Minimum penalties for a positive test are a four-game suspension for the first infraction, six games for the second and a year for the third. According to the NFL, fewer than 50 players have been suspended and no one has been suspended twice. Any second-time offenders quit before the penalties were announced.
Yet, only recently did the NFL toughen its limits for testosterone levels. The league does not check for the Human Growth Hormone, awaiting a reliable urine test rather than a blood test. And designer steroids are developed to avoid detection.
In March three members of Carolina's 2003 Super Bowl team - including offensive tackle Todd Steussie, who spent the past two seasons with Tampa Bay - were identified on CBS's 60 Minutes Wednesday as having filled steroid prescriptions written by a South Carolina doctor. None of the players tested positive.
Culpepper, the retired lineman, sees a correlation between the inception of the NFL's steroid testing about 15 years ago and the increase in players' weights. With the crackdown on illegal substances, focus shifted from strength to sheer mass.
"No longer could a guy be 270 and maul people because he's on steroids and has so many muscles," Culpepper said. "Now you have to be 300 to move people. It remains to be seen what's going to happen to these guys as they get in their 30s and retire."
* * *
Two 300-pound linemen in the NFL have died in the past four years. In 2001, Minnesota offensive tackle Korey Stringer, who was 6 feet 4, 346 pounds, died of complications from heatstroke in training camp. In August, San Francisco offensive tackle Thomas Herrion, listed at 6-3, 315 pounds but actually 335, collapsed and died in the locker room after a preseason game at Denver.
Stringer, 31, was thought to be using a diet supplement at the time of his death and an autopsy showed Herrion, 24, had heart disease. Medical personnel with the NFL point out most athletes who die in their 30s have congenital abnormalities, especially of the heart.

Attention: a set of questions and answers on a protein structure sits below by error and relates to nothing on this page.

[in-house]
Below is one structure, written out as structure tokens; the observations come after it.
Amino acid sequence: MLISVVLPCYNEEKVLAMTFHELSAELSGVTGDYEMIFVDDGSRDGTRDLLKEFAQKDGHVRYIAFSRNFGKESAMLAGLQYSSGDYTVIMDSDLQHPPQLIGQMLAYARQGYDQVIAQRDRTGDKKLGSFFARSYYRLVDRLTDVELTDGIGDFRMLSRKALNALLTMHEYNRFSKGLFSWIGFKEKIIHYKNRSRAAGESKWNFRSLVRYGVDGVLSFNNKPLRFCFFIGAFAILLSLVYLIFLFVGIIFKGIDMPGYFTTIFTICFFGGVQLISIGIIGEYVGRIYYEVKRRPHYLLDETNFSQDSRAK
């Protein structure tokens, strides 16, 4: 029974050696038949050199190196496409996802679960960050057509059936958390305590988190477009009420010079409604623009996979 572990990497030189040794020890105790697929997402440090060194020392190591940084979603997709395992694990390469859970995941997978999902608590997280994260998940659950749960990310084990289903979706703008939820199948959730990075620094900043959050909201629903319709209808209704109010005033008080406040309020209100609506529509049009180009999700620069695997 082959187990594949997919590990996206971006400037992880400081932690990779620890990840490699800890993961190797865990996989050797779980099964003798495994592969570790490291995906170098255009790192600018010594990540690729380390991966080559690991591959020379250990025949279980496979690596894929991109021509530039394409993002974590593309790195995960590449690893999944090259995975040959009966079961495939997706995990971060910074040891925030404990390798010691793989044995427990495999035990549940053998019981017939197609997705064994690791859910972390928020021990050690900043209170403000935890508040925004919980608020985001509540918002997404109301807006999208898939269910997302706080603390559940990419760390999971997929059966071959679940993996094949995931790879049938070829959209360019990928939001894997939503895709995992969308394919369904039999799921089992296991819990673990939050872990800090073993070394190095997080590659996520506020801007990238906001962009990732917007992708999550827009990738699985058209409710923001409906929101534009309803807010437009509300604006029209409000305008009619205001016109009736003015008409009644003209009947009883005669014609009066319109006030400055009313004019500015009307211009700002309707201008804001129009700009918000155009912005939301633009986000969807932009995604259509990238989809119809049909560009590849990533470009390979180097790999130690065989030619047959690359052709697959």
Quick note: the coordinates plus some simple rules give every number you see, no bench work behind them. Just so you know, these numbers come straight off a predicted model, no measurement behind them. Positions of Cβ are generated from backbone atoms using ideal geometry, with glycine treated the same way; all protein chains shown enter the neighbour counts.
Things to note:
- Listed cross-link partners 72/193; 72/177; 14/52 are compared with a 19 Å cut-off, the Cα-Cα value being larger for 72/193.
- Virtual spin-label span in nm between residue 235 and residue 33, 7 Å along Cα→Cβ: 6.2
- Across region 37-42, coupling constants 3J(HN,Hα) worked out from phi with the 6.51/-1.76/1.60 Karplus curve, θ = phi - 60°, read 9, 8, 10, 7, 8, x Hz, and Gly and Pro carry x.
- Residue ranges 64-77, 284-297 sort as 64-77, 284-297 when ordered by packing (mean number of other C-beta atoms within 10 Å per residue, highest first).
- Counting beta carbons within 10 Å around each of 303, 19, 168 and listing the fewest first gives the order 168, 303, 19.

As the debate rages, Bucs center John Wade keeps gorging.
A veteran of eight pro seasons, Wade is listed at 6 feet 5, 299 pounds, but getting there by game day can be a chore for a player who works to keep his weight up. Wade often eats two dinners. Sometimes he eats the same dish twice, sometimes different entrees.
"It's probably disgusting to most people," Wade said.
Wade said he could not play at a heavier weight because he would not be able to move fast enough. He anticipates losing at least 50 pounds when his career is over.
"We'll see how dedicated I am to the treadmill. That's the only way to get rid of it," said Wade, 31. "I'm not a doctor, but I know 50 pounds less would be nice not to carry around, on your joints, on your internal organs, all that mess."
Neither Culpepper nor Wade considers the increasing size of NFL players a problem for the league to solve, though Culpepper would like to see a program to encourage retiring players to lose weight. During their careers NFL players are well compensated for the risks they incur by choice.
"If something happens to me because I was carrying weight, then it's on me," Wade said. "I'm the one who chose to be a lineman. If I wanted to play football, I was going to be a lineman. That's the skill I was given. If you're really that worried about it, do something else."